As serious a deficiency is the fact that the shuttle's maximum attainable altitude is only about 500 miles - much lower than the orbits required by most satellites. To attain their usable orbits, of up to 22,375 miles, satellites had to carry their own (disposable) rocket booster within the Shuttle's cargo hold - an arrangement that somewhat undermines the system's 'reusability'.

Manned spacecraft such as the shuttle system are inherently more complex than unmanned probes, not least because they have to be far more reliable when human life is at stake than when the loss would be only financial. But Nasa has always believed that only high-prestige manned space trips will catch and retain the interest of the American public and thus ensure an ungrudging flow of tax dollars into the organisation's coffers.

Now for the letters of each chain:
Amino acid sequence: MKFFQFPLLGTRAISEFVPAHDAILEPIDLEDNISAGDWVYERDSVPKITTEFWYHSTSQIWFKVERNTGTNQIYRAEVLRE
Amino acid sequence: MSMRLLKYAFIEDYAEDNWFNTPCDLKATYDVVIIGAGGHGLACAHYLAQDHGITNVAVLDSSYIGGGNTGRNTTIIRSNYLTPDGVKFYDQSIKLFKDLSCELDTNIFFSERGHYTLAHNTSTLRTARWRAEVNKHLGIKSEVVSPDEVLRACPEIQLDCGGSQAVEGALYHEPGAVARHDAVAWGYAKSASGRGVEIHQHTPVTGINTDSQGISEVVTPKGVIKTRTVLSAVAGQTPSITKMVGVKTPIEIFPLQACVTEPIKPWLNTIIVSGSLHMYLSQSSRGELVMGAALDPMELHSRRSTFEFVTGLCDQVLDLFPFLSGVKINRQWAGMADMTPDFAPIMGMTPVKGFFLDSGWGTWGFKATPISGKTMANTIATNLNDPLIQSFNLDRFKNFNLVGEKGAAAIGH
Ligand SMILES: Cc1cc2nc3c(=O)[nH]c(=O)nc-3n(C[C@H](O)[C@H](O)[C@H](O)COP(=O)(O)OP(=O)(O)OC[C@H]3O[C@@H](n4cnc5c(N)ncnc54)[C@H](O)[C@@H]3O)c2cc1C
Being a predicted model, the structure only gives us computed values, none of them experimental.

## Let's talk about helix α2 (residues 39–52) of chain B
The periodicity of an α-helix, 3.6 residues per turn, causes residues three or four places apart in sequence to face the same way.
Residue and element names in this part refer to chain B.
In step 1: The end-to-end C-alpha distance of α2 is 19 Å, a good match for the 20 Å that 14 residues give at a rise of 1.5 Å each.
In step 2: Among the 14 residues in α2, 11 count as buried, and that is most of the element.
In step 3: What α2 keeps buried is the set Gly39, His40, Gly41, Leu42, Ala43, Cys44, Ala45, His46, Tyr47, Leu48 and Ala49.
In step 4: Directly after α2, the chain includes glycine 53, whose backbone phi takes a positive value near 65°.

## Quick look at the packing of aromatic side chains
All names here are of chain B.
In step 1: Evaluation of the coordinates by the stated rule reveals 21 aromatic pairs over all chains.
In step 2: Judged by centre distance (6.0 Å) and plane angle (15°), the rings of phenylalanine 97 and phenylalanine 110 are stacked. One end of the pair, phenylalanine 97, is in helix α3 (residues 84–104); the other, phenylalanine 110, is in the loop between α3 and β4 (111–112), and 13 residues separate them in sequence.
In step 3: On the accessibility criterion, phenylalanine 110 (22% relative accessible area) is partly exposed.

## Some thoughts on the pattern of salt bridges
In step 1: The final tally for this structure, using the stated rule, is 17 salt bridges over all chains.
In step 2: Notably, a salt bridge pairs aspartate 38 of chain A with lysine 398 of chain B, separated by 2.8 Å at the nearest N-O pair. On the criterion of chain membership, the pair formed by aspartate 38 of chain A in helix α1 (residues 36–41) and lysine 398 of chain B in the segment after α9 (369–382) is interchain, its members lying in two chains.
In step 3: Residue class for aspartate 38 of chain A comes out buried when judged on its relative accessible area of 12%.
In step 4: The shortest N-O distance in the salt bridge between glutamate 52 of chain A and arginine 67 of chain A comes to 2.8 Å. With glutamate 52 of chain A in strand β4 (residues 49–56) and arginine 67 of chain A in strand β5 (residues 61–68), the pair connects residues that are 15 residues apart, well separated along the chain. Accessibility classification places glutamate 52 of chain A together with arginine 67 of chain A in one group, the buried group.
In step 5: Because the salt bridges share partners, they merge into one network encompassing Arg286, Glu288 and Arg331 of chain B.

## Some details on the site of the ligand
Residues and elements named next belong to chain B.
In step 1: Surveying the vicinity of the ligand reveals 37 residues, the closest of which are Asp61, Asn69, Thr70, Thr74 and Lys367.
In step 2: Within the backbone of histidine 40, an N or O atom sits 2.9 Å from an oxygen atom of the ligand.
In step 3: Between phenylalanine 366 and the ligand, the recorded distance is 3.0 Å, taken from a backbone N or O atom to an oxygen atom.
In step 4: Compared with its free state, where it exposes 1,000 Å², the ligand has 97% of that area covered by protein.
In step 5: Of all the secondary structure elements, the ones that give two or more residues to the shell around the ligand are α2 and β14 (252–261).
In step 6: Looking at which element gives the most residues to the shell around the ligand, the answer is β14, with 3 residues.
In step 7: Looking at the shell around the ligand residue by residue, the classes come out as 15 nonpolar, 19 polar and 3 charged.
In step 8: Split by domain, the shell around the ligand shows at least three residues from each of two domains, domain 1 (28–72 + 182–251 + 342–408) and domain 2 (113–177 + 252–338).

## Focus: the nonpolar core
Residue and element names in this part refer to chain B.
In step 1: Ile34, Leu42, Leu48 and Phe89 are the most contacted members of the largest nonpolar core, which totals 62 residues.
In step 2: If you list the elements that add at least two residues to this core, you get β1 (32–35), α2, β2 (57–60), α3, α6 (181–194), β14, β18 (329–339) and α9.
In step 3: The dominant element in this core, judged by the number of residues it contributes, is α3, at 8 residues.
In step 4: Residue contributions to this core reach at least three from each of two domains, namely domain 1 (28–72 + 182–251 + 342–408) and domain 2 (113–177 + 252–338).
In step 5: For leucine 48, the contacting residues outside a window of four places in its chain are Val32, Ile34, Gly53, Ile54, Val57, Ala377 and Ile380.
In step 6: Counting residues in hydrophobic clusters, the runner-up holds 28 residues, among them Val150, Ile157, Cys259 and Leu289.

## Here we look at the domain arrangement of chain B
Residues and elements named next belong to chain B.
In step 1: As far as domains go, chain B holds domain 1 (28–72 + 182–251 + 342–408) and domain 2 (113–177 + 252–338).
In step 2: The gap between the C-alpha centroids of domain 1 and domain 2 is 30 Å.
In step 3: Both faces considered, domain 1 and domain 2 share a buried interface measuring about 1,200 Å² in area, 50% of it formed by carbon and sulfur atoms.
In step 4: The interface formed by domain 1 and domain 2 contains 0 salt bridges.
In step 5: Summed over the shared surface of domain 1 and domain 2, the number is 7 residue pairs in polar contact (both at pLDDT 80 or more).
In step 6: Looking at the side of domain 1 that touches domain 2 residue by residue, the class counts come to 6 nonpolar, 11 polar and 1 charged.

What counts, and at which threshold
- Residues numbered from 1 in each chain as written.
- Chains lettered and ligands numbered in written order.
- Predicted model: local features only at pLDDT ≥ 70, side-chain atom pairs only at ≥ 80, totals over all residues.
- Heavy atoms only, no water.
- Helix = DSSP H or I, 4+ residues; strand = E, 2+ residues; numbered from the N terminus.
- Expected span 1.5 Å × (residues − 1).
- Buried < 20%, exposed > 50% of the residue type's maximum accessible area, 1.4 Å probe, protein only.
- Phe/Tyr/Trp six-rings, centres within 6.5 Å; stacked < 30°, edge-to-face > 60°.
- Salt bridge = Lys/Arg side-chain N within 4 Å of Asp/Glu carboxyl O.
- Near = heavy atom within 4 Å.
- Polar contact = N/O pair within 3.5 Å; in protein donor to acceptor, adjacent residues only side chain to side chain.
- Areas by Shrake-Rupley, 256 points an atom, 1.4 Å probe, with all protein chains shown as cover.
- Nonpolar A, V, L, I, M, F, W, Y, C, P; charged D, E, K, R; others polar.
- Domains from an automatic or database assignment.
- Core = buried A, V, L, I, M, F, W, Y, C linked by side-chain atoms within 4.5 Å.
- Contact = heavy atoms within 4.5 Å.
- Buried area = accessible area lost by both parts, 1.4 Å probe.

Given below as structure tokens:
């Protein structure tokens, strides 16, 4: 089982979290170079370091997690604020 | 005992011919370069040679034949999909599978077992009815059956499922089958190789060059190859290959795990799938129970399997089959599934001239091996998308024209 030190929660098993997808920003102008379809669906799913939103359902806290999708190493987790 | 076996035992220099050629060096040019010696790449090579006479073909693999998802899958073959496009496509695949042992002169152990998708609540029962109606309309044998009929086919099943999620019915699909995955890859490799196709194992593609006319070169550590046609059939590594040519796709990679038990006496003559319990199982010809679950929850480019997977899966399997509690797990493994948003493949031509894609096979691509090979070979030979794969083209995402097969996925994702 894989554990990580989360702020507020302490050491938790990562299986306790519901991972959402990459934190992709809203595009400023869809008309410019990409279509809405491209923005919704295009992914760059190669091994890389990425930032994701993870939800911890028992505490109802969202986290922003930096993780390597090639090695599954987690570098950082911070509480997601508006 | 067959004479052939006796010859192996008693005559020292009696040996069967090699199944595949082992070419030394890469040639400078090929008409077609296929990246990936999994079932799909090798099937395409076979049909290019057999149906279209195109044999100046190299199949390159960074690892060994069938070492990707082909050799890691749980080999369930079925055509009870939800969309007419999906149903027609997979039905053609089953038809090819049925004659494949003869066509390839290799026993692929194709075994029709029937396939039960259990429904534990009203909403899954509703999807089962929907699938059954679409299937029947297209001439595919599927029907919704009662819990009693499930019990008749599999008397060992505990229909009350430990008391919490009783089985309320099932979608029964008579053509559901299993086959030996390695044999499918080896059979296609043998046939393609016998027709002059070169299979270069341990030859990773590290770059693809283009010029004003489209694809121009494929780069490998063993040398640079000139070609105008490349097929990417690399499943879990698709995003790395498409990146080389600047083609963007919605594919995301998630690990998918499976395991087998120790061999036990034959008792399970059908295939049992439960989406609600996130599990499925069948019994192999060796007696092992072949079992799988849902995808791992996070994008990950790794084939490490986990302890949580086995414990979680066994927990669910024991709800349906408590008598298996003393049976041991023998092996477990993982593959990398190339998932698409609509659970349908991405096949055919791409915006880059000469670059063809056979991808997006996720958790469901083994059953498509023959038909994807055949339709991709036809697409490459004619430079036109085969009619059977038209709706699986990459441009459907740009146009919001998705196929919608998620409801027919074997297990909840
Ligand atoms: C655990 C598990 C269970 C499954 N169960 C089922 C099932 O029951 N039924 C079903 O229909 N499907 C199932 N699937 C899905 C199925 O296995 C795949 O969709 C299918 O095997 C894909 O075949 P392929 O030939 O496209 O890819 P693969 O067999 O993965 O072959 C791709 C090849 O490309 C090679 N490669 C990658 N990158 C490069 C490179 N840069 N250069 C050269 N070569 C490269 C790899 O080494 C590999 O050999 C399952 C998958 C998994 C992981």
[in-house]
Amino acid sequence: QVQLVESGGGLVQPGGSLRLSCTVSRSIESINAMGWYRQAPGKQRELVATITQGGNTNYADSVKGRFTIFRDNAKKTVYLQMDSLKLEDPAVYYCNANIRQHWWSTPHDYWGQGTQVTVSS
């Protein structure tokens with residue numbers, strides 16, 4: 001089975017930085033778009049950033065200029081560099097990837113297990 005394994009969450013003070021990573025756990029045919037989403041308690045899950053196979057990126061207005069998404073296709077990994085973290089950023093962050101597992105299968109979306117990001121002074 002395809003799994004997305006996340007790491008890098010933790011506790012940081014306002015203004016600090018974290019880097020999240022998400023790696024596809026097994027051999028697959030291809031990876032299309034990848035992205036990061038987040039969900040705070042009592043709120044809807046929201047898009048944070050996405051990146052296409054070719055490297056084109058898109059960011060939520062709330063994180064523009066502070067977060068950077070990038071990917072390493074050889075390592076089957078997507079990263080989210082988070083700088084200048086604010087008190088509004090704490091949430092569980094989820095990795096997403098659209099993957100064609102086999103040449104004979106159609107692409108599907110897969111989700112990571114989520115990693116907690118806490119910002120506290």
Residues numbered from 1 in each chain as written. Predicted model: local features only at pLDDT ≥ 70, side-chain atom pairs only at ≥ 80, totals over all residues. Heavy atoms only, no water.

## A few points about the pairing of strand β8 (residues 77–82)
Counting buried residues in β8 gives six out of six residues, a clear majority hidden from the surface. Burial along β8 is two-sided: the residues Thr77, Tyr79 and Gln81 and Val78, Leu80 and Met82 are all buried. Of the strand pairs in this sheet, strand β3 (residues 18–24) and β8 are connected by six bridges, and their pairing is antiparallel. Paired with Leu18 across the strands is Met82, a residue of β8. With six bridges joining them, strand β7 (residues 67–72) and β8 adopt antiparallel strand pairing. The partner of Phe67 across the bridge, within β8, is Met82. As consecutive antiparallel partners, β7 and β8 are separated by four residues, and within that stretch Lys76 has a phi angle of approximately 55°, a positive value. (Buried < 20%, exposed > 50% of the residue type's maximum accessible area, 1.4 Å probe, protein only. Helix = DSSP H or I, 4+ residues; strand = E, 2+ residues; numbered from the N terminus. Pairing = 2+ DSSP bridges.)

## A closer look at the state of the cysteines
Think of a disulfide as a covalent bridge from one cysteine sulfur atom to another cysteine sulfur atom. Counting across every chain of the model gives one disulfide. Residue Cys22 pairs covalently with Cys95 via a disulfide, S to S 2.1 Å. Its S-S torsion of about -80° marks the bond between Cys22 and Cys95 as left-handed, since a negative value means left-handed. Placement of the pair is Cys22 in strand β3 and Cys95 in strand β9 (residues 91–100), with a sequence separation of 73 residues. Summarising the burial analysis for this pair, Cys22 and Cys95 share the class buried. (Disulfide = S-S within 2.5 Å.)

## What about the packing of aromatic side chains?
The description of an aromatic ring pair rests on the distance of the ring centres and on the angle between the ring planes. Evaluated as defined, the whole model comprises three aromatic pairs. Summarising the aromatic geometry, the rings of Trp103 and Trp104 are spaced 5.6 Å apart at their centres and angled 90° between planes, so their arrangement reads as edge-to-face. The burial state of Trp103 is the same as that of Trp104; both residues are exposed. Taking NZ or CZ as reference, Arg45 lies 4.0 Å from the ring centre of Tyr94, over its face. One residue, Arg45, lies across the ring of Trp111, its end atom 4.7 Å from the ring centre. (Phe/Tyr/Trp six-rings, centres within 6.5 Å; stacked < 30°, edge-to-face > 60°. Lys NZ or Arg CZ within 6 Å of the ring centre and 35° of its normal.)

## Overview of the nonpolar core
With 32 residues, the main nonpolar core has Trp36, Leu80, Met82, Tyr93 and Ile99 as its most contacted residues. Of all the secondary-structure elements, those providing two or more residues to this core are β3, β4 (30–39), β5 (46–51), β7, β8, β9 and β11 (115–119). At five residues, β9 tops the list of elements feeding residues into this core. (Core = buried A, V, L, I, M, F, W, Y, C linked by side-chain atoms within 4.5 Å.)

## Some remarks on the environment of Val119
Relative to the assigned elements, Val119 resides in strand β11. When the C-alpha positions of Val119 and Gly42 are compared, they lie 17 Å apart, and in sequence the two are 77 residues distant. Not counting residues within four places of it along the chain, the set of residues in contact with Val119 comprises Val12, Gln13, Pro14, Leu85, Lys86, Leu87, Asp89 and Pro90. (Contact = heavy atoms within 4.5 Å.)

While Nasa has been struggling with maintaining prestige through manned space missions, the Europeans have developed the unmanned Ariane system into a relatively cheap, and certainly more reliable, launch vehicle, thus capturing a considerable slice of the lucrative commercial market in launching communications and Earth observation satellites.

Even Nasa's unmanned space programme has been having difficulties. Possibly the most embarrassing display of technological incompetence was the failure of the Hubble Space Telescope in 1990. This behemoth, weighing 11.25 metric tonnes, is the size of a city bus, and carries a telescope mirror 7.9 feet in diameter, whose total cost will exceed dollars 3bn, and which was supposed to probe the astronomical secrets of the stars and galaxies at the universe's outermost edge. But it cannot focus properly. Not only that, it shakes.